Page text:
Fight air pollution. Eat plenty of fruits and vegetables. Get regular exercise. Don’t smoke. Control high blood pressure, diabetes, and cholesterol. These are age-old words of wisdom for a healthful life. But when was the last time your doctors told you to avoid exposure to pollution? Accumulating evidence about the impact of pollution on our health suggests that this should be another recommendation — though it wouldn’t be easy to follow.
What is pollution?
A simple description of pollution is anything introduced into the environment by humans that harms human health or ecosystems. As such, there are many kinds of pollution — in the air, water, and soil — which can take the form of gases, heavy metals, chemicals, bacteria, and even noise.
Let’s focus here on air pollution. Outdoor air pollution includes the burning of fossil fuels (coal, gas, oil) and wildfires. These generate noxious gases, smog (created by ground-level ozone), and soot (fine particles) that are harmful to breathe. Among the contributors to indoor air pollution are fireplaces and home cookstoves that use gas, coal, or biomass fuels such as wood or crop waste that are sometimes used in low-income countries.
Air pollution is a complex and vicious cycle. Its toxic effects are worsened by increased temperatures. Higher temperatures in turn increase the risk of uncontrolled wildfires and the use of energy (think of air conditioners). Both can release greenhouse gases that further drive climate change, which in turn raises temperatures and feeds other extreme weather around the globe, and the ever-worsening cycle that continues to repeat.
In the United States, air pollution has improved quite a bit since the passage of the Clean Air Act in 1970. However, some air pollutant levels have risen in the last few years, and air pollution continues to have serious ongoing health impacts, both nationally and globally.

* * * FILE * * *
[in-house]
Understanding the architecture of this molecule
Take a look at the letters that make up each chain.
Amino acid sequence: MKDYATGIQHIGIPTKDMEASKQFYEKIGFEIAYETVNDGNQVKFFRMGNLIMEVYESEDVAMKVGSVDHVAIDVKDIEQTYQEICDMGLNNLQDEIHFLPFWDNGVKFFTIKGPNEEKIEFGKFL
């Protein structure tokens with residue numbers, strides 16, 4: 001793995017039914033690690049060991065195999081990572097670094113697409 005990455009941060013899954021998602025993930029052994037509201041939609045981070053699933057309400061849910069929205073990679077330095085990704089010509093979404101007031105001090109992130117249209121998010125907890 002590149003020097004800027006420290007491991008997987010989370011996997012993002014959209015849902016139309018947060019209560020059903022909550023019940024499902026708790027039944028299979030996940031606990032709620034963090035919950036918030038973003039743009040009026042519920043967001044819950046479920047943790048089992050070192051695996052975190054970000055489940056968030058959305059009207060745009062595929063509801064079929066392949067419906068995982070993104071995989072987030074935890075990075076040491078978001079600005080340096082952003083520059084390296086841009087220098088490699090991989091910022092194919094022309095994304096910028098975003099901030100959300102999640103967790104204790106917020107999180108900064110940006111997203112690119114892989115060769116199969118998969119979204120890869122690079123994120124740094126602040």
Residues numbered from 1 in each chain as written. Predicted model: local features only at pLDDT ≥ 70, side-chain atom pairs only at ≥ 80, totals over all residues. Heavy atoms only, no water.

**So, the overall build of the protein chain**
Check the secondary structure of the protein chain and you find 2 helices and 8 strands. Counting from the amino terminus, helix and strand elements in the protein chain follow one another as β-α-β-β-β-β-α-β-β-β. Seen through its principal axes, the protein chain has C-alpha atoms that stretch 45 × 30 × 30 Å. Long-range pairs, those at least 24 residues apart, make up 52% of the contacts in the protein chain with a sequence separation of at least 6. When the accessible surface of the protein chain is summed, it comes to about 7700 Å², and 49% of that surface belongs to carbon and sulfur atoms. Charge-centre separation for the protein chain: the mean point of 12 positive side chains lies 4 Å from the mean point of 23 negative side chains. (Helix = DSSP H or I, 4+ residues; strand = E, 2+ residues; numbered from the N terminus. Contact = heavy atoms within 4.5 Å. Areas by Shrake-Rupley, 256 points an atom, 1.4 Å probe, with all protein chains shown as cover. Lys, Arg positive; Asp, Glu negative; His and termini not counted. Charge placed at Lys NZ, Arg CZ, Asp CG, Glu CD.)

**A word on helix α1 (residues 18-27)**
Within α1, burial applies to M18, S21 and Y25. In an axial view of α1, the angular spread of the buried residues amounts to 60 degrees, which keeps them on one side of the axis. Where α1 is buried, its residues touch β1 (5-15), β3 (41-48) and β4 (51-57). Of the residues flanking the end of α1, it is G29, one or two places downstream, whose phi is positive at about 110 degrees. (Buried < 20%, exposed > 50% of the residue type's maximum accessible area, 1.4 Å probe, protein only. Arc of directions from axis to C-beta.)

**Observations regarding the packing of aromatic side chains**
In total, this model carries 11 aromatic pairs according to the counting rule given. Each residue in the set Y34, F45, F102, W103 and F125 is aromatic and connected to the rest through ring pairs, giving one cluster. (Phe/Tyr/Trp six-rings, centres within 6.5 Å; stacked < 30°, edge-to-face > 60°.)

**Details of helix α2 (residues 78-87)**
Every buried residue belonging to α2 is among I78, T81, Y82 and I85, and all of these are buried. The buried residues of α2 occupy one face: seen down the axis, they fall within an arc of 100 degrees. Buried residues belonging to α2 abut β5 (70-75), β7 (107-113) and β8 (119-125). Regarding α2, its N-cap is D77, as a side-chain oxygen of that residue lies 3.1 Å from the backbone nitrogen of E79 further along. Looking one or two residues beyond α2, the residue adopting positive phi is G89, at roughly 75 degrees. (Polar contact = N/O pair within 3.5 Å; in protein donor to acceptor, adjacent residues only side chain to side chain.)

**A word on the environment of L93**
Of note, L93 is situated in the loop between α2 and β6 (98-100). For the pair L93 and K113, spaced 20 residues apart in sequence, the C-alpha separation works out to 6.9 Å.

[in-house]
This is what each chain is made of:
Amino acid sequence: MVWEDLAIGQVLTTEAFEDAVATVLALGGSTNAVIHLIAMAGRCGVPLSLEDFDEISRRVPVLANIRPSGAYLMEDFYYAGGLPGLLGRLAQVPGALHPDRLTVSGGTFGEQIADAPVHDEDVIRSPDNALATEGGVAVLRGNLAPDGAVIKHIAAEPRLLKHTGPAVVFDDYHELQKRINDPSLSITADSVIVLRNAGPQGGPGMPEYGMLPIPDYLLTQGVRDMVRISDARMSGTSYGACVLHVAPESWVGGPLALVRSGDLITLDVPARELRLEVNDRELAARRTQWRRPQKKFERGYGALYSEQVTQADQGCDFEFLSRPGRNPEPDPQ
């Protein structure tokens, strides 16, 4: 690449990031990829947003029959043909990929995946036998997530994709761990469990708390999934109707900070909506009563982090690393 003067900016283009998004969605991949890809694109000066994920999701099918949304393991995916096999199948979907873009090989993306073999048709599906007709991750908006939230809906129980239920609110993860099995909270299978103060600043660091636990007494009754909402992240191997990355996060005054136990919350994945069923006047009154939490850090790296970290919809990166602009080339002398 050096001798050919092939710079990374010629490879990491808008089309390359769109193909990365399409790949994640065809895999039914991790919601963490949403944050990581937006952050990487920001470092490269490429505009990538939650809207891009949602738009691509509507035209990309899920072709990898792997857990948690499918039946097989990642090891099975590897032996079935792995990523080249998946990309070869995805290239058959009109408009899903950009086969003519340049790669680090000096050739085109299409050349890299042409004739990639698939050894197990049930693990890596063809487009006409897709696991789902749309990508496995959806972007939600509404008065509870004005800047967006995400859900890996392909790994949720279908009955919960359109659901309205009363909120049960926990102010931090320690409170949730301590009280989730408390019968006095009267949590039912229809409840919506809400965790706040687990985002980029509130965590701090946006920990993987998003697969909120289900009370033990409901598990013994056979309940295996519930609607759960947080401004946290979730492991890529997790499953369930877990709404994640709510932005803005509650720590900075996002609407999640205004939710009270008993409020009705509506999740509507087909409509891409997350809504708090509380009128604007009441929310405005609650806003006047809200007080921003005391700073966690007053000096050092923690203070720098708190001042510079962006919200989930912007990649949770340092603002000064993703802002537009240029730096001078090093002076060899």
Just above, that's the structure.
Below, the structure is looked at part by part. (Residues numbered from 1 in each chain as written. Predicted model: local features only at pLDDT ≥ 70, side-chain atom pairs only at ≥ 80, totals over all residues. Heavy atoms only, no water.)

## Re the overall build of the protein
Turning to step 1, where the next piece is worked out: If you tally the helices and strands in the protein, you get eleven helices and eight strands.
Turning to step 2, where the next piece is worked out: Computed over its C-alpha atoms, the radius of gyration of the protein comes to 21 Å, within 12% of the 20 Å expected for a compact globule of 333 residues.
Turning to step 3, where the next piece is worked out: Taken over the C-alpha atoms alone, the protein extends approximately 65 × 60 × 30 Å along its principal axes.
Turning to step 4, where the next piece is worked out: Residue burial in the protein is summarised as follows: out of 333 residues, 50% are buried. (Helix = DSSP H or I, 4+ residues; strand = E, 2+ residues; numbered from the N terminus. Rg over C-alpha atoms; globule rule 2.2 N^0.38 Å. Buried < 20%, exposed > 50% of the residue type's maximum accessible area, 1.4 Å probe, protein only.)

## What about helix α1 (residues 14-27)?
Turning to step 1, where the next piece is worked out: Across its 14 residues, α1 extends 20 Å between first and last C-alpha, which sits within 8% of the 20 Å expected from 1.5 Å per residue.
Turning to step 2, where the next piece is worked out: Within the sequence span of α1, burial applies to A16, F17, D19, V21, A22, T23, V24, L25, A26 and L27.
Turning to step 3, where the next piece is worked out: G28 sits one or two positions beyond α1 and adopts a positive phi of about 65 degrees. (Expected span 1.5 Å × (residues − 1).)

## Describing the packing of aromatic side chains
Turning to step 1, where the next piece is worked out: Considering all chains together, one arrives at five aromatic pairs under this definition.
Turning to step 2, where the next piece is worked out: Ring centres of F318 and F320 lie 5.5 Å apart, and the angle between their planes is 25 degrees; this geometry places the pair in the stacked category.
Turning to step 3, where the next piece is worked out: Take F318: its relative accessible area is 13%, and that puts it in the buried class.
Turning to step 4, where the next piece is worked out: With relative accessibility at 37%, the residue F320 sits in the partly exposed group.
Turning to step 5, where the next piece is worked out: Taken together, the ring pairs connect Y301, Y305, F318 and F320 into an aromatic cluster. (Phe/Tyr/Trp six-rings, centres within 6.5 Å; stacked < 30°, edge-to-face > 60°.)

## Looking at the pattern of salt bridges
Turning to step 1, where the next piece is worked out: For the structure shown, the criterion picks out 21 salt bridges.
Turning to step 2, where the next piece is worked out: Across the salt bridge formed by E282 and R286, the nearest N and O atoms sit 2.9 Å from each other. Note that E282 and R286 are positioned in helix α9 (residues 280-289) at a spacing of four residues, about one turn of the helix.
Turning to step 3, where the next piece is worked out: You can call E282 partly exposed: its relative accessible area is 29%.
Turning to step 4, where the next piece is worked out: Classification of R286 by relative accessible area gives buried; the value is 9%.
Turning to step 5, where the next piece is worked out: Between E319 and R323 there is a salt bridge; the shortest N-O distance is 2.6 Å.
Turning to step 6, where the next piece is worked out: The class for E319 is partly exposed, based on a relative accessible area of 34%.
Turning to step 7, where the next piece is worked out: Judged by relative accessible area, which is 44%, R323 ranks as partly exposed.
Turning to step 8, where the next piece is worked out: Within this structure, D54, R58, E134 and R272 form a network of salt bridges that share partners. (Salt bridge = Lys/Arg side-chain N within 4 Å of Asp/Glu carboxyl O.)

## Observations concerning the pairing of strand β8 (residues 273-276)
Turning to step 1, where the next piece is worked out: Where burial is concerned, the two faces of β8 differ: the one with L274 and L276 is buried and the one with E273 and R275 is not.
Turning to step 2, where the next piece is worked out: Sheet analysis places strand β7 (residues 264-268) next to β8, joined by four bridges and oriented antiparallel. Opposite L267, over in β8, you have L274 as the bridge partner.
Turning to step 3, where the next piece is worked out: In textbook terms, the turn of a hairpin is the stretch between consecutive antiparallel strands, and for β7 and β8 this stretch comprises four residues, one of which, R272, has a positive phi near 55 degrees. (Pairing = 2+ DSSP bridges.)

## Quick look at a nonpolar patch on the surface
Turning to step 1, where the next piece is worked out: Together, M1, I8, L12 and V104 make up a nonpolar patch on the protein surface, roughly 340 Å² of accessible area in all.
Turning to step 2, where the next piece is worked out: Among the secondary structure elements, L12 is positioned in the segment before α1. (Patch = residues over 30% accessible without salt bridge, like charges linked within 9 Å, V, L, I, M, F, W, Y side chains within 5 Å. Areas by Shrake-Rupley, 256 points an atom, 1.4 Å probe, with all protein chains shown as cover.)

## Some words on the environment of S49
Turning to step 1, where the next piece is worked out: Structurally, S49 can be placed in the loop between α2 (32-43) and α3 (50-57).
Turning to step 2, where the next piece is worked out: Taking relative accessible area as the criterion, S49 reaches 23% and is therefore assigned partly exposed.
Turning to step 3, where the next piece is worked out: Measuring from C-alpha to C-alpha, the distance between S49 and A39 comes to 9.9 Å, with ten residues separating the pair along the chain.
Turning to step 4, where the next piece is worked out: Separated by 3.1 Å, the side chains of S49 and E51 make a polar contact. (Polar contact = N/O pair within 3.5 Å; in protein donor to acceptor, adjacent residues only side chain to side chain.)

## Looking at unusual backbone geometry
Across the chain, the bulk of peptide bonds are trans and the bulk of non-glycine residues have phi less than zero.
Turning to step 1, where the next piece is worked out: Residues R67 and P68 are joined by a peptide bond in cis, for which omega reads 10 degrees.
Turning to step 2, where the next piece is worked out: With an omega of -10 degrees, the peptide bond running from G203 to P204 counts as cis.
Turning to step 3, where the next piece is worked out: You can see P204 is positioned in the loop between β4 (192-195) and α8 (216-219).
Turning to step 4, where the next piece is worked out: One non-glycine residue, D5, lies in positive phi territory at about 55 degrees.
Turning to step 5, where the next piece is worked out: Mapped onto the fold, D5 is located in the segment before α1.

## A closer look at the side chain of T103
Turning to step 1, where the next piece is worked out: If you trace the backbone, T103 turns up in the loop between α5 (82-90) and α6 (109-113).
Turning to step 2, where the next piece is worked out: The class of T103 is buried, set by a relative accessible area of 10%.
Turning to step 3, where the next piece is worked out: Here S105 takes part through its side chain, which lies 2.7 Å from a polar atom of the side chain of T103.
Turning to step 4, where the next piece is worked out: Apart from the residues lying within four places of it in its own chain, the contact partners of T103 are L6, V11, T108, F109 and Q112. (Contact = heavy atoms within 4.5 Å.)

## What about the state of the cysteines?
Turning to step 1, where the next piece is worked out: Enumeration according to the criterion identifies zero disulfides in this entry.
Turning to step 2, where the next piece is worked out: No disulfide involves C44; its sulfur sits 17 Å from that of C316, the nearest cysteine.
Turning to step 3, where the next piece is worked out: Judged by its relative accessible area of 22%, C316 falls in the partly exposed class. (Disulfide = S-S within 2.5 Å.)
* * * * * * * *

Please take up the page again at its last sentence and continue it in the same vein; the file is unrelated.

How does air pollution affect your health?
Numerous studies over the years have repeatedly shown that increased outdoor air levels of fine particulate matter correspond to increased hospitalizations for heart disease, stroke, diabetes, pneumonia, chronic obstructive pulmonary disease exacerbation, and other serious health problems. Both long-term exposure and short-term exposure seem to matter.
A study published this year looked at global models of pollution levels and risk assessments of the world population over 14 years. It ties fossil fuel combustion alone to nearly nine million premature deaths worldwide in 2018 — that’s one in five deaths — including more than 350,000 in the US. Most of these deaths are due to heart attacks and strokes.
Who is especially vulnerable to the potential effects of air pollution? Anyone who is elderly, young, or pregnant, and anyone with underlying diseases such as a heart or a lung condition. Additionally, people living in low-income communities, which are often situated near industrial plants or high-traffic areas, are disproportionately affected. However, you can keep an eye on your air conditions with a good quality co2 Monitor.
Dangers of Air Pollutions:
Many people know that the air we breathe is important, but why? Air pollution may sometimes be invisible, but it can leave a big imprint on human health. In fact, evidence shows that air pollution can impact human health in more ways than previously imagined.
Two types of pollution are dominant in the U.S.: ozone and particle pollution. Both of these pollutants are tracked in the American Lung Association’s annual “State of the Air” report. These two pollutants threaten the health and lives of millions of Americans. How? Here are the “Terrible 10” health risks from breathing polluted air:
Science shows that both short-term and long-term exposure to unhealthy air can shorten your life and lead to premature death. Medical experts have known about this risk for decades —remember our blog about the great smog event depicted in “The Crown”?